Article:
Top 12 tips for CRPS sufferers over Christmas

November is nearly over and with that it brings thoughts of Christmas and the conclusion of CRPS awareness month.

Over the course of November we have been looking at spreading awareness for this debilitating condition and providing useful information for sufferers and supporters alike.

Christmas can be a challenging time, with the high streets full of shoppers and non-stop Christmas parties from now until well into the New Year.

In conclusion of CRPS awareness month and with the festive season looming, we have put together a list of the top 12 tips for CRPS sufferers this Christmas.

  1. Know your limits. The festive season can be an extremely busy time and it can be tempting to shut yourself away from the hustle and bustle. Only do as much as you are able.

    It’s okay to say no to going out carolling or to that second family party if you know its going to be too much. Set yourself goals and stick to what you’re comfortable with.

    Take a look at this Pacing blog from the charity Burning Nights for more information -
  2. Put your health first. Don’t agree to anything that you know will put you at risk or cause a flare up to make others happy. Putting your health first will make for a much more enjoyable Christmas period. It is also important to explain to others why, so that they understand the reasons you can’t be involved.
  3. Be organised. Make a list of all the things planned over the holidays and work out what you want to do and what you will be able to do.

    Make sure that you’ve researched all of your key support tools over the holidays and organised your medication. Know who you can call on when things are getting tough, such as familiarising yourself with the opening hours of your GP surgery and knowing the alternatives for Christmas Day and New Year’s Day.

    Staying organised with gifts will also reduce stress and the risk of suffering a flare up.
  4. Party Strategies. For those living with CRPS, just the thought of a Christmas party may bring a sense of dread. Making a plan beforehand can make these festive nights a lot easier.

    If you are comfortable doing so, let the host know about your condition and that you will try your best to attend. Set yourself a time to leave the party so that you can leave before things get too much but be proud that you’ve accomplished this much.

    Let your host know that standing can be tiring for you so that they can make provisions for you. And most importantly of all, it’s okay if you don’t end up going at all.
  5. Gifts and Wrapping. Shopping centres are at their busiest at this time of year and the risks of braving the streets during the festive period are that you could be knocked or pushed, making for a very painful shopping experience.

    Consider doing your Christmas shopping online and seeing if they have a gift wrapping option to make this easier, or use gift bags or boxes instead of paper.

    Alternatively consider asking a friend or family member if they would be willing to help you with your shopping and present wrapping if this is difficult for you.
  6. Budget. Work out your budget well in advance to ease money worries. Once you have budgeted for present buying and festive food and drink, make sure you’ve prioritised things that will make the festive season easier for you such as making sure you’ve got your prescriptions and any tools that you use during a flare up.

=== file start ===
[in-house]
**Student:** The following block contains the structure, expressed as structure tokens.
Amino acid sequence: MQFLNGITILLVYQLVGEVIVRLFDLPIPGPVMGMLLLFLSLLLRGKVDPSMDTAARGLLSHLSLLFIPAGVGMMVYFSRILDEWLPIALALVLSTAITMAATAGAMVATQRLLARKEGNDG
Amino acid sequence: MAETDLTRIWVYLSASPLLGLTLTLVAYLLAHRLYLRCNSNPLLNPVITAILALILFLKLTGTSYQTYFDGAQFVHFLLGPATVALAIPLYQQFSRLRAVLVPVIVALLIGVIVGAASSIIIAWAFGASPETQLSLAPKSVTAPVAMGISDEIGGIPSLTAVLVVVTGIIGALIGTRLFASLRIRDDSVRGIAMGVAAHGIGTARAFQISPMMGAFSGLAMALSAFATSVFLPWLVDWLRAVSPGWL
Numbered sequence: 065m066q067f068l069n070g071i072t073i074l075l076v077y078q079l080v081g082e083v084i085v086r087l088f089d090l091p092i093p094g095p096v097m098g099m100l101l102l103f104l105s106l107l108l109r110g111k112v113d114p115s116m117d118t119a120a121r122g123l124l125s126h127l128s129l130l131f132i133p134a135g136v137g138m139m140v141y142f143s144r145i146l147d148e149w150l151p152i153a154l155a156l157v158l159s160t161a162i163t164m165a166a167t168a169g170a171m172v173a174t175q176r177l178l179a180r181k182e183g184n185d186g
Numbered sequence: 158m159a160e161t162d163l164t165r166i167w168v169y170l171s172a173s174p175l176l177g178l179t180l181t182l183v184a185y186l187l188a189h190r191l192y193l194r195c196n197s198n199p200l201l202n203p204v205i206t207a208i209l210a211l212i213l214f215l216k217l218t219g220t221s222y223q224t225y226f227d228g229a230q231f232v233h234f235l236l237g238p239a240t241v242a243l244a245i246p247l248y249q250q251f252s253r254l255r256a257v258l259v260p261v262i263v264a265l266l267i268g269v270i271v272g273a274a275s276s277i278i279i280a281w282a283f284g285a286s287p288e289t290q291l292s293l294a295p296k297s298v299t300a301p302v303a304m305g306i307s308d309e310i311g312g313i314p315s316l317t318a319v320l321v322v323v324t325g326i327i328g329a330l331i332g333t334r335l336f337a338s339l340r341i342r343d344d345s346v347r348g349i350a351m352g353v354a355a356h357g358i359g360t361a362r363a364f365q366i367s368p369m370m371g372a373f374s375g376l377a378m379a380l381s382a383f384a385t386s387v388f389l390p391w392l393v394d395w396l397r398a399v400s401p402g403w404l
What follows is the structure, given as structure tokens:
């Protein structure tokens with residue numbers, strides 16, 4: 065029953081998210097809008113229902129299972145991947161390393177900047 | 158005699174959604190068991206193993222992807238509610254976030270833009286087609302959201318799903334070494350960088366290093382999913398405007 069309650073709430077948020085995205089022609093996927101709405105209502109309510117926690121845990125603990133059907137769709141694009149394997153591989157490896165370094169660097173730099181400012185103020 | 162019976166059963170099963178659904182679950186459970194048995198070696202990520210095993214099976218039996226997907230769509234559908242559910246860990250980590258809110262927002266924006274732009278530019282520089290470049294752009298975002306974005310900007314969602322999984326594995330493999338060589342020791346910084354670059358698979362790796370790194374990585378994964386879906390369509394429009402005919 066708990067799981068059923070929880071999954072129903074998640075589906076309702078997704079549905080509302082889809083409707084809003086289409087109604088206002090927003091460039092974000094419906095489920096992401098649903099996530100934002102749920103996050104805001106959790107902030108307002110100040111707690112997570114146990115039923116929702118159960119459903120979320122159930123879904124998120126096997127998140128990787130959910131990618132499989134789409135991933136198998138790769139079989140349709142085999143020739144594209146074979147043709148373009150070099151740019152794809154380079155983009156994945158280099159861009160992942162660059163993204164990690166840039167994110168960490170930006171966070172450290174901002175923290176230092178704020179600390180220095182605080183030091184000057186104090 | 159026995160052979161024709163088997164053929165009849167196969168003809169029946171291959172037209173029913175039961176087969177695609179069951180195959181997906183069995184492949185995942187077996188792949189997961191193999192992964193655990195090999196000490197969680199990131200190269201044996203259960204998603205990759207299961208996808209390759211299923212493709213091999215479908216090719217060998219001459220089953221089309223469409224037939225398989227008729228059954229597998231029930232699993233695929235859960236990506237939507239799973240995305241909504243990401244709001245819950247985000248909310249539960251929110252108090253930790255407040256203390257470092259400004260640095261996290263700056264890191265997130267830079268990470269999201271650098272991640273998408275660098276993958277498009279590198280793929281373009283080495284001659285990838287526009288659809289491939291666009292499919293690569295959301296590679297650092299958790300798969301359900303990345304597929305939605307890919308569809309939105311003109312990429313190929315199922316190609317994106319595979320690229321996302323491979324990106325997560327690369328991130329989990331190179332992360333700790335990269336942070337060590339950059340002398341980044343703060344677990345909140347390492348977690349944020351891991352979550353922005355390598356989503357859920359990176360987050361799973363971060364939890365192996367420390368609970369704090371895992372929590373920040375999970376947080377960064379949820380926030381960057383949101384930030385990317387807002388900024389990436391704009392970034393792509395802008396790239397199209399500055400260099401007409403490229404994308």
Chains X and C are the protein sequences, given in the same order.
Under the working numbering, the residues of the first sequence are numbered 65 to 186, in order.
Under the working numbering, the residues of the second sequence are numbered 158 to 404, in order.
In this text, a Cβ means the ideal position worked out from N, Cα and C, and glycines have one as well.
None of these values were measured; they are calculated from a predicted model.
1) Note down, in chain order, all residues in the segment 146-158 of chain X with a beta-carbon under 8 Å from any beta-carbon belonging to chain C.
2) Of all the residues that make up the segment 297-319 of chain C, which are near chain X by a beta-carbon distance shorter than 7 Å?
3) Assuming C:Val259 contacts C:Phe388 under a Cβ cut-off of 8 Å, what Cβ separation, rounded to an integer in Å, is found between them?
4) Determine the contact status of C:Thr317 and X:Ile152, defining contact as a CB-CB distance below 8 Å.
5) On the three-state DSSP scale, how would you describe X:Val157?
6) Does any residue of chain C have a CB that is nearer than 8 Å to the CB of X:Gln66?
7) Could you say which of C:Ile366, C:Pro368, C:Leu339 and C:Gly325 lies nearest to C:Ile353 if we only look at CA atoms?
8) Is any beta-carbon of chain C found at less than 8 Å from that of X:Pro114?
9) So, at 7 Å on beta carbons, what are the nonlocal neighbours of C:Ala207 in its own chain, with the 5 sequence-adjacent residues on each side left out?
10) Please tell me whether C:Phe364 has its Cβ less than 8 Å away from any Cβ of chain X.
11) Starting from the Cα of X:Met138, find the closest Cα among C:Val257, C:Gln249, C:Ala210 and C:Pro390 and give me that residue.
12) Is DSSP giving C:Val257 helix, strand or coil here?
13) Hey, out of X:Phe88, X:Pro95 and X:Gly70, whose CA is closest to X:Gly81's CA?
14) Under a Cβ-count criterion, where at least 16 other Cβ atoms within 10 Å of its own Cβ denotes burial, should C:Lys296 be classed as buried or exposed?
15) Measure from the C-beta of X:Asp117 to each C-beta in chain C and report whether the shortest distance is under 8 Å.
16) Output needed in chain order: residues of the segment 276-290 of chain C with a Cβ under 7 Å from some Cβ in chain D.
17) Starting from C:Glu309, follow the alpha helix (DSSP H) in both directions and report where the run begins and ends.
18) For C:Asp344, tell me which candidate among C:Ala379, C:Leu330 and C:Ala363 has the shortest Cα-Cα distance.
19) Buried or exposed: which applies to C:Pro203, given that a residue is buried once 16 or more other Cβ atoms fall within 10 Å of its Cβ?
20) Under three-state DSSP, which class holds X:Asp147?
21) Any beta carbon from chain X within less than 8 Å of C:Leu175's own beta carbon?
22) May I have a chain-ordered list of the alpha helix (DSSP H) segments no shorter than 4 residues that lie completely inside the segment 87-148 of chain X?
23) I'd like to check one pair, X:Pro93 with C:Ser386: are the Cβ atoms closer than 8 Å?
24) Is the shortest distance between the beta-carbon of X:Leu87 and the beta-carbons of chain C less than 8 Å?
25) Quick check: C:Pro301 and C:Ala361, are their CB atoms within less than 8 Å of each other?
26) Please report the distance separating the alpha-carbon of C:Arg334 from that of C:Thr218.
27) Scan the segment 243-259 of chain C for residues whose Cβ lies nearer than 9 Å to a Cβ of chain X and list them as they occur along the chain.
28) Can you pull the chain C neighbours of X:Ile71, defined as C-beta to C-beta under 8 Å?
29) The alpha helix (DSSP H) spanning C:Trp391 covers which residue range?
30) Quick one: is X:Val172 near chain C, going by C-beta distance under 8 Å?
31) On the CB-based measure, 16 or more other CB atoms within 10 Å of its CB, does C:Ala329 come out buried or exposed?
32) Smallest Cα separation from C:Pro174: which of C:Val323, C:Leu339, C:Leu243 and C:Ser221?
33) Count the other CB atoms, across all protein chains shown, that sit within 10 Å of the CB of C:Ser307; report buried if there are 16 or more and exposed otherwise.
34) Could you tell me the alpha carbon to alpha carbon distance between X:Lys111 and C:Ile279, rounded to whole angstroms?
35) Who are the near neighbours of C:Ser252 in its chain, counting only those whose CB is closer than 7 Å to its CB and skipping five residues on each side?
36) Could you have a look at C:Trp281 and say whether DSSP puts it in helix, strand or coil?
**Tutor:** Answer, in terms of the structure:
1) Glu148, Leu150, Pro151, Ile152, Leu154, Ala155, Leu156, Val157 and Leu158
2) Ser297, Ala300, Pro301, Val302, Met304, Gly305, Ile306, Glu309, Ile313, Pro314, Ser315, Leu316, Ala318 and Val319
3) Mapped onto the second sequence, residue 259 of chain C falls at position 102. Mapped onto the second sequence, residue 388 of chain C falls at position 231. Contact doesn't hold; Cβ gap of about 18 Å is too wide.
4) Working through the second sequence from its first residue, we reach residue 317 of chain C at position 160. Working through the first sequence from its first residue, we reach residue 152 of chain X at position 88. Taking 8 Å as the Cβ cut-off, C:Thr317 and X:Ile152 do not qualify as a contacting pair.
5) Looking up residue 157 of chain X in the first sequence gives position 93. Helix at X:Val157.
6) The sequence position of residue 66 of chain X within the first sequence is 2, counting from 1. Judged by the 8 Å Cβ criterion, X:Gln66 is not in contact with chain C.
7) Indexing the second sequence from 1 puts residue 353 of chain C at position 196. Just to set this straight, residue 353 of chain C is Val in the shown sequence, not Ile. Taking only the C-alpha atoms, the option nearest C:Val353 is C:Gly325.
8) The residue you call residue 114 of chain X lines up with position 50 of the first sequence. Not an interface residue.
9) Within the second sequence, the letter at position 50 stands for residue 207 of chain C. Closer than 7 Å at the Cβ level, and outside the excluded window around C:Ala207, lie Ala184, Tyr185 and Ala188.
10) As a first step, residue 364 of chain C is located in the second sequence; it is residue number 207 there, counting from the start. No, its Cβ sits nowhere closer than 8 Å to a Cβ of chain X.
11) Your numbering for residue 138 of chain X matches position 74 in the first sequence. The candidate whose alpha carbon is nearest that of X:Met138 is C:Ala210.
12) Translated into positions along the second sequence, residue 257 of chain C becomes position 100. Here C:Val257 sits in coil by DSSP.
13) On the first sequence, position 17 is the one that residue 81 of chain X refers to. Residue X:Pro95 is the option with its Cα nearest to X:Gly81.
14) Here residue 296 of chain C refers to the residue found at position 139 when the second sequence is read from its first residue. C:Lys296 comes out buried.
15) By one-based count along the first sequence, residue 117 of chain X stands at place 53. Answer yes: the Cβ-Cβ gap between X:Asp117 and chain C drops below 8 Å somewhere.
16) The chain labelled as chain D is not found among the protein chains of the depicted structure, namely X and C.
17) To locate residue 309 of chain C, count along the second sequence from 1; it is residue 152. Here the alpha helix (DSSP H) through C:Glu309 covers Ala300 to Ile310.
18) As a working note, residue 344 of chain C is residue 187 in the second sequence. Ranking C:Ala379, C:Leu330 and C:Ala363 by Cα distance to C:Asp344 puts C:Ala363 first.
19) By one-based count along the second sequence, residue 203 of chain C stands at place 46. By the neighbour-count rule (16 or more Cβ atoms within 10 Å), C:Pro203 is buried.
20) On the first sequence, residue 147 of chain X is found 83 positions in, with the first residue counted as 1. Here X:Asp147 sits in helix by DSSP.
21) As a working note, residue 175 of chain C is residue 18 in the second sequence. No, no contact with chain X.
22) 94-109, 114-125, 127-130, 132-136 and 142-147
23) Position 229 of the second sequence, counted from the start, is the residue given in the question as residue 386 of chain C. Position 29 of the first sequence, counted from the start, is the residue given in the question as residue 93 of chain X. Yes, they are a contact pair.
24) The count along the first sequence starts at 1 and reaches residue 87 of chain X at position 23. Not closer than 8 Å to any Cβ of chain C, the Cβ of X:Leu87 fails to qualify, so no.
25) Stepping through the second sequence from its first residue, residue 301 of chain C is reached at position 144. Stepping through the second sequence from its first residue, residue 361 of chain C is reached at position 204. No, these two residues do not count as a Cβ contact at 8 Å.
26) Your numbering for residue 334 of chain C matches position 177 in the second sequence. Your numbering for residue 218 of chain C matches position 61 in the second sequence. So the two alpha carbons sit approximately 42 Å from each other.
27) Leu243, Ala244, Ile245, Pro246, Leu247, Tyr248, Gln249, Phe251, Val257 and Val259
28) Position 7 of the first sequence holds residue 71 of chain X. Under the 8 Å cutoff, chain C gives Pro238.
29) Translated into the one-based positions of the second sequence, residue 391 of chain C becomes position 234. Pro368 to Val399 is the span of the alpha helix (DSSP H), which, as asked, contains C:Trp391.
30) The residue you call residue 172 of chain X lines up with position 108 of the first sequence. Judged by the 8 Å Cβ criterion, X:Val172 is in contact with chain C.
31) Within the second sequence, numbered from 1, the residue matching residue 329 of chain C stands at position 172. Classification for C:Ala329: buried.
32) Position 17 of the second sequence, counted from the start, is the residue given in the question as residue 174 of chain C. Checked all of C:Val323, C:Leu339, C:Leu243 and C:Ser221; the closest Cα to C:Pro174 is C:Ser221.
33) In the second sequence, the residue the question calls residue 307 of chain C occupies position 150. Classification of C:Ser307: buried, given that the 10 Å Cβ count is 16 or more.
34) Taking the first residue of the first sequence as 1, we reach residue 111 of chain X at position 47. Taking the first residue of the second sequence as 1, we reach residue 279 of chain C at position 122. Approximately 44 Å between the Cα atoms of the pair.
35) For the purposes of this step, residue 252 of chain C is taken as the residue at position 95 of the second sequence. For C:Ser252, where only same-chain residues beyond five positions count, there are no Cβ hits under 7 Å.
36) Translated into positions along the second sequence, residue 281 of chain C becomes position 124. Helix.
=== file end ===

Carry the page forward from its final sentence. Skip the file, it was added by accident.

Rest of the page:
7. Christmas Dinner. If you are the designated Christmas chef in your house, or you are on your own this Christmas, there are several handy shortcuts that can help you on the big day.

    Buying pre-cut vegetables or ready peeled potatoes can save time and help with tricky and potentially painful peeling. You can also buy ready prepared meat that is ready to be popped in the oven and disposable foil trays to save on any washing up.
  8. Support. Make sure that you’ve organised support for Christmas day and most importantly remember that you are not alone. Take a look at our support group page for information on organisations that you can turn to.
  9. If you’re on your own this Christmas, set yourself little tasks and goals each day. Try to get out and see friends and family if you are able and the weather permits, or try doing something at home that you enjoy, such as watching a favourite movie or baking a festive treat.
  10. It’s okay to say NO. The festive season may seem full of commitments and you may feel overstretched. Remember its okay to say no to anything that you would find too much. It’s important to keep in mind that it’s your Christmas to enjoy too.
  11. If things become too much or if you’re beginning to feel overwhelmed, please reach out to someone, whether this is in person or on social media. There is a lot of help available out there and there will always be someone willing to listen.
  12. You are not alone. CRPS is a misunderstood condition and is isolating at any time of the year. Remember that there are others who share your frustrations. We recommend CRPS group Burning Nights for support.

If you have any questions or feel that you may be experiencing chronic pain as a result of an accident or injury please do get in touch

More information on chronic pain can also be found here. 

We listen, we advise, we are here for you.